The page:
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Abel (fl. 744–747), bishop-suffragan of Rheims, first appears in the acts of the Council of Soissons in March 744, which record the elevation of himself and one Hartbert to the status of archbishops, although the acts mention no specific sees. Historians have considered these appointments as a restoration of the lapsed ancient Gallic provincial organization under the inspiration of ...

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Adam [Adam the Welshman] (c. 1130–1181), theologian and bishop of St Asaph, has on the authority of Du Boulay's Historia universitatis Parisiensis (1665), and of Thomas Tanner's Bibliotheca Britannico-Hibernica (1748), been confused with a fictitious Adam Angligena and, even in the most recent histories of the ...

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Adam [Adam of Caithness] (d. 1222), abbot of Melrose and bishop of Caithness, is variously described as having been a foundling and as having originated in Cumberland. He was elected bishop on 5 August 1213 when he was abbot of Melrose, the third bishop to be appointed to ...

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William Hunt

revised by Marios Costambeys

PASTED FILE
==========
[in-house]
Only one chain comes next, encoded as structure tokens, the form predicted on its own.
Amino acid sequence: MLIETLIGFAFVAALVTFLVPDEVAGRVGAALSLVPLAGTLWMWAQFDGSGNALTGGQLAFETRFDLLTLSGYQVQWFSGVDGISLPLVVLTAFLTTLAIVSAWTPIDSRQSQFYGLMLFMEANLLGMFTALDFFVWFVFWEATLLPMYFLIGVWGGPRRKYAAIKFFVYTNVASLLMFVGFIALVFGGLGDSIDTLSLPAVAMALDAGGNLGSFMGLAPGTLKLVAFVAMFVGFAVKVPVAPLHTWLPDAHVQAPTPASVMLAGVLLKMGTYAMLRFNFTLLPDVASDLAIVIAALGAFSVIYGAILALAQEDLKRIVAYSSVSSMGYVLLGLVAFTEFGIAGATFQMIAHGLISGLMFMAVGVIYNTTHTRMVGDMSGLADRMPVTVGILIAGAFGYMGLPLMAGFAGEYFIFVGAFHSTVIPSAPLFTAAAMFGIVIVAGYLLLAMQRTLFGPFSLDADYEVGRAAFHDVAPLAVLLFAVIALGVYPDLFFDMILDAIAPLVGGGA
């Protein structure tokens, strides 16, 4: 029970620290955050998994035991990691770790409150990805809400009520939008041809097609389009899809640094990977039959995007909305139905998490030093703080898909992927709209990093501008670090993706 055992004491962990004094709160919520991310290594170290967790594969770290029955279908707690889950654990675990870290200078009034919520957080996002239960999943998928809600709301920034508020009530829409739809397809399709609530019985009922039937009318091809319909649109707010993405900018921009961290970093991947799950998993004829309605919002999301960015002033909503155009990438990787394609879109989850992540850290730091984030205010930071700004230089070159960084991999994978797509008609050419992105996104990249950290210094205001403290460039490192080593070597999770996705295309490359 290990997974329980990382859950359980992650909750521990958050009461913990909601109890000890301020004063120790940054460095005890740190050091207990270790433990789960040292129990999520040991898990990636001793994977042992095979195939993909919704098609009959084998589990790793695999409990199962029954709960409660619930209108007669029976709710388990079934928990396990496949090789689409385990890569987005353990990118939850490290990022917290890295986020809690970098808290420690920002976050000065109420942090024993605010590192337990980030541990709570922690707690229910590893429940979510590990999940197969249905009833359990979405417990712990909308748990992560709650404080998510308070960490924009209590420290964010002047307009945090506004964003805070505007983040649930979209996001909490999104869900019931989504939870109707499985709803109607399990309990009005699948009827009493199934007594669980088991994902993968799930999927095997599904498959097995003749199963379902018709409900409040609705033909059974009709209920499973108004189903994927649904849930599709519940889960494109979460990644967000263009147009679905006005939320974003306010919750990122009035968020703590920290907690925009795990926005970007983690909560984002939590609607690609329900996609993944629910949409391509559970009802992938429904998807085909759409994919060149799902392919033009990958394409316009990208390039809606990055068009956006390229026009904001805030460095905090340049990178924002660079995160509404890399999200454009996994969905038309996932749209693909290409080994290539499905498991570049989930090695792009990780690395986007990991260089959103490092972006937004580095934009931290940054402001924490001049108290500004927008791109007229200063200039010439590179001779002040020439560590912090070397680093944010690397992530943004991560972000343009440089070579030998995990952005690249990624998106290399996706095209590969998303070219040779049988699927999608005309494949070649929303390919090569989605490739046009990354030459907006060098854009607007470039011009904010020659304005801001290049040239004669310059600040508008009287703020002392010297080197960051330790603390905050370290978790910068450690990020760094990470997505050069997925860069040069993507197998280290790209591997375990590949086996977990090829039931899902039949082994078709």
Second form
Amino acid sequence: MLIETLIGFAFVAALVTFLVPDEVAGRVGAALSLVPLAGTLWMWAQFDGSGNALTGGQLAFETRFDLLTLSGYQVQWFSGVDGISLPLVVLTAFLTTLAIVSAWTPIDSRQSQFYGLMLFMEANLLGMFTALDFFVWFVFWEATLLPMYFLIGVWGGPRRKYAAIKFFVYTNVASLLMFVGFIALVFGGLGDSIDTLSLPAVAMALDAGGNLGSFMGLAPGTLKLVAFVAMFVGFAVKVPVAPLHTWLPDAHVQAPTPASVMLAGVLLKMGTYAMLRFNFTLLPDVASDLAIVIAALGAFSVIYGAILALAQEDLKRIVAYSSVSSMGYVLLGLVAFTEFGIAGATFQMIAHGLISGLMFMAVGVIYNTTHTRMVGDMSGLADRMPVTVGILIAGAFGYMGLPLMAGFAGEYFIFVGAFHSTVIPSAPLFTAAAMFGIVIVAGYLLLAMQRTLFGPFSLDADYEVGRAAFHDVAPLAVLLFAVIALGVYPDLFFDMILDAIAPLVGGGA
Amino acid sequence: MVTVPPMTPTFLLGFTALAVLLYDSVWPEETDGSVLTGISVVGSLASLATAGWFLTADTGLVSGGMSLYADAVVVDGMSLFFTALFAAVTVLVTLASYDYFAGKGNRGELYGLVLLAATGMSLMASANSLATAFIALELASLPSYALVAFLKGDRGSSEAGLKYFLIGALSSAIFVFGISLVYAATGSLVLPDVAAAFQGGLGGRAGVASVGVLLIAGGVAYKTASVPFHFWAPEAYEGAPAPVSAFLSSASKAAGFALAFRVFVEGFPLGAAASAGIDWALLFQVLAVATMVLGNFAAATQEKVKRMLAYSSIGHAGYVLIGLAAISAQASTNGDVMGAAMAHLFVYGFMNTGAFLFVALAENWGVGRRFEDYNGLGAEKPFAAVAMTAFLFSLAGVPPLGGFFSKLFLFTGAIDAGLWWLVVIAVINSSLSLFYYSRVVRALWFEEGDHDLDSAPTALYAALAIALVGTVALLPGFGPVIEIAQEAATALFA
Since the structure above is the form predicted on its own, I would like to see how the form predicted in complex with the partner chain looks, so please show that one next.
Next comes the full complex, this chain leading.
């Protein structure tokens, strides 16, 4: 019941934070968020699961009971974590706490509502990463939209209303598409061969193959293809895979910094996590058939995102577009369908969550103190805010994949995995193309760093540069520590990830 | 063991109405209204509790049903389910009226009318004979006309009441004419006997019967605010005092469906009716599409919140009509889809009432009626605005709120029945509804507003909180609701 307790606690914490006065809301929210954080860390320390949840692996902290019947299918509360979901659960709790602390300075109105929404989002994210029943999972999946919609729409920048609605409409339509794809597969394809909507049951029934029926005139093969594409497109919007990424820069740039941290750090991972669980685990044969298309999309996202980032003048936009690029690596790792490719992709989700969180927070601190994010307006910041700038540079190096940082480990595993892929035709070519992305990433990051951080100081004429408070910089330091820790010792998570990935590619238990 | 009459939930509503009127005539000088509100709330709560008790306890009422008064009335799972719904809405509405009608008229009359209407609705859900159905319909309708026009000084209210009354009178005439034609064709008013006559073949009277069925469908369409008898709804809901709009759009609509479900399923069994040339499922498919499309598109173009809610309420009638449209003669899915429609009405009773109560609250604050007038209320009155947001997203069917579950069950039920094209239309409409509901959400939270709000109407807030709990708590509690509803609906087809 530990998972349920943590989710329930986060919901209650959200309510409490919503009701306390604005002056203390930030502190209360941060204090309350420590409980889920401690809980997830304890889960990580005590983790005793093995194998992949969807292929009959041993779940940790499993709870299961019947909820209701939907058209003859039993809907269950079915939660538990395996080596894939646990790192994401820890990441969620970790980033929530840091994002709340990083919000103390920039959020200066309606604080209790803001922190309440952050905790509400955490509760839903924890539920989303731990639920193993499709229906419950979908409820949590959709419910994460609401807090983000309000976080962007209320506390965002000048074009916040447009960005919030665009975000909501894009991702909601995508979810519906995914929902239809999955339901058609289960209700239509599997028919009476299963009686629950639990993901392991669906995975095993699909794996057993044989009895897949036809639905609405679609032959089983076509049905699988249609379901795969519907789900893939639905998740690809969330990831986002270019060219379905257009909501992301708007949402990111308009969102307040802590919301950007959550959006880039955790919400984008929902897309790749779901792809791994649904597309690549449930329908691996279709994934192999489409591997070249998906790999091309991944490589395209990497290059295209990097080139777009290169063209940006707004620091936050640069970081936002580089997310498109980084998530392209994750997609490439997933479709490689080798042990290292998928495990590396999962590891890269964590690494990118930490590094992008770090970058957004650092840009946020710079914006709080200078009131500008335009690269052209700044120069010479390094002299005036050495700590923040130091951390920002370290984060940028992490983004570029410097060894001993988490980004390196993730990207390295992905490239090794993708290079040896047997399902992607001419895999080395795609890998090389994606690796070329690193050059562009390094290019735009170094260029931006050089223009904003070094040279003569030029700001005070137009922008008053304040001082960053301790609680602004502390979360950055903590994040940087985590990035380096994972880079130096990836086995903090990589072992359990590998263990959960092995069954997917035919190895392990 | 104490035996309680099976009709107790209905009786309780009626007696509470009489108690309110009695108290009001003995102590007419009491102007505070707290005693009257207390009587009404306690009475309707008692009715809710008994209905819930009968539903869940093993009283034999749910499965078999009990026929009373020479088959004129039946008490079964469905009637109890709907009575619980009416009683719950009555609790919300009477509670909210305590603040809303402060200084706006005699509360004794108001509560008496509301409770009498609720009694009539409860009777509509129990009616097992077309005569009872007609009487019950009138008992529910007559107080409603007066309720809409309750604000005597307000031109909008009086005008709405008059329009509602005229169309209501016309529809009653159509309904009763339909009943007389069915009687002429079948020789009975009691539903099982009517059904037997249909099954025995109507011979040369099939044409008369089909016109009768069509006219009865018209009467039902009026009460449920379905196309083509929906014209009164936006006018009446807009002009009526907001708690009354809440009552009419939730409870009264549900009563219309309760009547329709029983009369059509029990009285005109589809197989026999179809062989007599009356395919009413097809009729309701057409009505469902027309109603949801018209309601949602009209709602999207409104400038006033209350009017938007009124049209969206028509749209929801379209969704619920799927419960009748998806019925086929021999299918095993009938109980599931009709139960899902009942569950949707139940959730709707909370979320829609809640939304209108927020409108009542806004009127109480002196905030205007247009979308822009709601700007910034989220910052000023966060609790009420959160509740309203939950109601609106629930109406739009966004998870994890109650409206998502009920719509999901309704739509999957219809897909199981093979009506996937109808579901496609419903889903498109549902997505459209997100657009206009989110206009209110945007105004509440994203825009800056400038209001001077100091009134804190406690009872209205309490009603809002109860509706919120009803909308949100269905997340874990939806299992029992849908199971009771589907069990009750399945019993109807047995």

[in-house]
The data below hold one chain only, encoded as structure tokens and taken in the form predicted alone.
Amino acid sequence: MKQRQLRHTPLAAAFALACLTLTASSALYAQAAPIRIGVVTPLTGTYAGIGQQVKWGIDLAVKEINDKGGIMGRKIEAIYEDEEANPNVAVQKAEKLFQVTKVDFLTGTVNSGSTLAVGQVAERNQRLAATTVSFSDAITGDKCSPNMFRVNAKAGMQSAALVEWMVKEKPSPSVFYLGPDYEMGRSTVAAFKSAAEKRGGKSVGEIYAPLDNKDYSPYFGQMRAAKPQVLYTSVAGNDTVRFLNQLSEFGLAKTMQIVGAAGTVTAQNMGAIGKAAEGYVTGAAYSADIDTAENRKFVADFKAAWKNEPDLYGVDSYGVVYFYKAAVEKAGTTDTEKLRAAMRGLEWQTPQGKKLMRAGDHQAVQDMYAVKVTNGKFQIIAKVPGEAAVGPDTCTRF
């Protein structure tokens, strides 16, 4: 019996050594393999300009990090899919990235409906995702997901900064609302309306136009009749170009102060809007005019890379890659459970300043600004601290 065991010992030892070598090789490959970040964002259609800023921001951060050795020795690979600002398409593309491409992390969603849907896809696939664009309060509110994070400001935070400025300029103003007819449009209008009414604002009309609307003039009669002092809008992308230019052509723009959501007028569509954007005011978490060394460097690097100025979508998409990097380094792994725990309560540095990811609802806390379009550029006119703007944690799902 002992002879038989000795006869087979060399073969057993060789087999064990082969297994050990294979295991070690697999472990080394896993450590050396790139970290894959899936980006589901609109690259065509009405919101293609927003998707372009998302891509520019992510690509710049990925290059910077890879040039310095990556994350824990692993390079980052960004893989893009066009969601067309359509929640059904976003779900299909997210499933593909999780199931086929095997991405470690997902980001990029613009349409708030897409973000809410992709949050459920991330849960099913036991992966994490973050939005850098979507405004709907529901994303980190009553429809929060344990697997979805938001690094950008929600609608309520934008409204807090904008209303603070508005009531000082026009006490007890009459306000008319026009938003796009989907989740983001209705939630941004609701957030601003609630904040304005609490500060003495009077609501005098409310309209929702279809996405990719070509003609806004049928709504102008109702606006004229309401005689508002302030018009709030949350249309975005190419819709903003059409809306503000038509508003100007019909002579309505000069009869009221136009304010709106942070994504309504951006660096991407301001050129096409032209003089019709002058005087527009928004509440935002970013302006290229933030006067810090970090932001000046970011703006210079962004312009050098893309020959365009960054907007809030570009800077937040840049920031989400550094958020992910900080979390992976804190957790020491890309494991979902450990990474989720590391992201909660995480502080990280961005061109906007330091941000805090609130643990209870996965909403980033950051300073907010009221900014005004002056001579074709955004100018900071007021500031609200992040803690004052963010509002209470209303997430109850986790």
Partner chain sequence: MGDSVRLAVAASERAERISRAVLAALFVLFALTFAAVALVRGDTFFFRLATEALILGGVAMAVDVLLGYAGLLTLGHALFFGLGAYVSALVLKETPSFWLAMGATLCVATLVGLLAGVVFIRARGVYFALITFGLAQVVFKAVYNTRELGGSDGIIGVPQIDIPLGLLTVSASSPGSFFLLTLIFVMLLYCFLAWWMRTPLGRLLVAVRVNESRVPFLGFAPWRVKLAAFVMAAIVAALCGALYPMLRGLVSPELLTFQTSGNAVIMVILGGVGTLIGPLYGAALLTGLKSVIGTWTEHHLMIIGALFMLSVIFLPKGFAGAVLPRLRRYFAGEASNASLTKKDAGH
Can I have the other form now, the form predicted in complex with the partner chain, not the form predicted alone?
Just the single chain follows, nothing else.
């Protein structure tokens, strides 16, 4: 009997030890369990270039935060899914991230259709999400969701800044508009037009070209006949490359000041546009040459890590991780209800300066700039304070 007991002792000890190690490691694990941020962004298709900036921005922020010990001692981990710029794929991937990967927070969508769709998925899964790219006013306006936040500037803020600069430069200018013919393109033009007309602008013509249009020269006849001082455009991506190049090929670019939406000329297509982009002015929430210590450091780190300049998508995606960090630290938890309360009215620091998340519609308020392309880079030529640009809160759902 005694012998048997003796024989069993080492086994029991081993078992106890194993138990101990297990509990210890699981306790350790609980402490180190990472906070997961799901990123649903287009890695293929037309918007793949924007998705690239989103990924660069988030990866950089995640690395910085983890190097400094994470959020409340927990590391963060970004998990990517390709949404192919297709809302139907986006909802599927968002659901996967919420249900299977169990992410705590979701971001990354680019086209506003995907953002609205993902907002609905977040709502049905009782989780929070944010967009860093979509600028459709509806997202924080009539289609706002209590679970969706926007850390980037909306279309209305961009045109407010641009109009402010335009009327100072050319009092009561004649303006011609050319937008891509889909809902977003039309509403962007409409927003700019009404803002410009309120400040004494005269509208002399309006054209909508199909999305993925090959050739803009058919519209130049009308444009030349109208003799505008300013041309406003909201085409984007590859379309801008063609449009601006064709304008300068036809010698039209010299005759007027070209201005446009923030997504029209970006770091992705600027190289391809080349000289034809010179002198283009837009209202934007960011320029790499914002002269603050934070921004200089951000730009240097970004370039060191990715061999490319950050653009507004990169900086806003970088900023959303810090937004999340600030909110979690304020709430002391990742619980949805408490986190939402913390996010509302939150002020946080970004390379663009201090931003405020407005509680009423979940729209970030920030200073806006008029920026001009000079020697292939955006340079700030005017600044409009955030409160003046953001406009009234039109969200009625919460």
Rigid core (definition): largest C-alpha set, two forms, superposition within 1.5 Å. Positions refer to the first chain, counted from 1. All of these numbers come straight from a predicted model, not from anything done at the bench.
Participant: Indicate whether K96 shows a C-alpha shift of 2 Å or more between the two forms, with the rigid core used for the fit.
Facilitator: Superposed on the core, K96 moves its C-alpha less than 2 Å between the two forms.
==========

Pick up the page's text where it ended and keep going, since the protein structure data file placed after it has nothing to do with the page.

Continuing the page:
Ælfweard (d. 1044), abbot of Evesham and bishop of London, is said by the chronicle of Evesham to have been a relative of Cnut, presumably through Cnut's first, English, wife, Ælfgifu of Northampton. He was a monk of Ramsey and was made abbot of ...

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Ælfwine (d. 1047), bishop of Winchester, was formerly a royal priest in the service of King Cnut. According to Goscelin, Ælfwine helped Ælfstan, abbot of St Augustine's, Canterbury, to persuade Cnut to permit the relics of St Mildrith to be translated there. Ælfwine's...

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Æthelmaer (d. after 1070), bishop of Elmham, succeeded to that East Anglian see in 1047, the year when its former occupant, his brother Stigand, became archbishop of Canterbury. Such familial promotion, coupled with the fact that Æthelmaer was, or had been, married, makes him an easy target for anyone wanting to suggest that the late Anglo-Saxon church badly needed the kind of reforms implemented by the Normans under ...

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See Stigand

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Æthelric (d. 1034), bishop of Dorchester, was a former monk of Ramsey and a generous patron of his monastery. His election to the see of Dorchester in 1016 perhaps owed something to his family connections, although these are unknown. Given the extent and geographical location of this large see, it was perhaps believed that a local man would prove to be the most effective bishop. During his early years at the monastic school in ...

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Æthelwine (d. in or after 1071), bishop of Durham, was originally a monk of Peterborough Abbey along with his brother Æthelric. When Bishop Edmund (d. c.1050) of Durham returned from his consecration in the presence of King Cnut about 1020 he brought ...

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Æthelwold [St Æthelwold, Ethelwold] (904x9–984), abbot of Abingdon and bishop of Winchester, was a leading figure in the tenth-century church reform movement. He was born in Winchester to noble parents during the reign of Edward the Elder, probably between 904 and 909.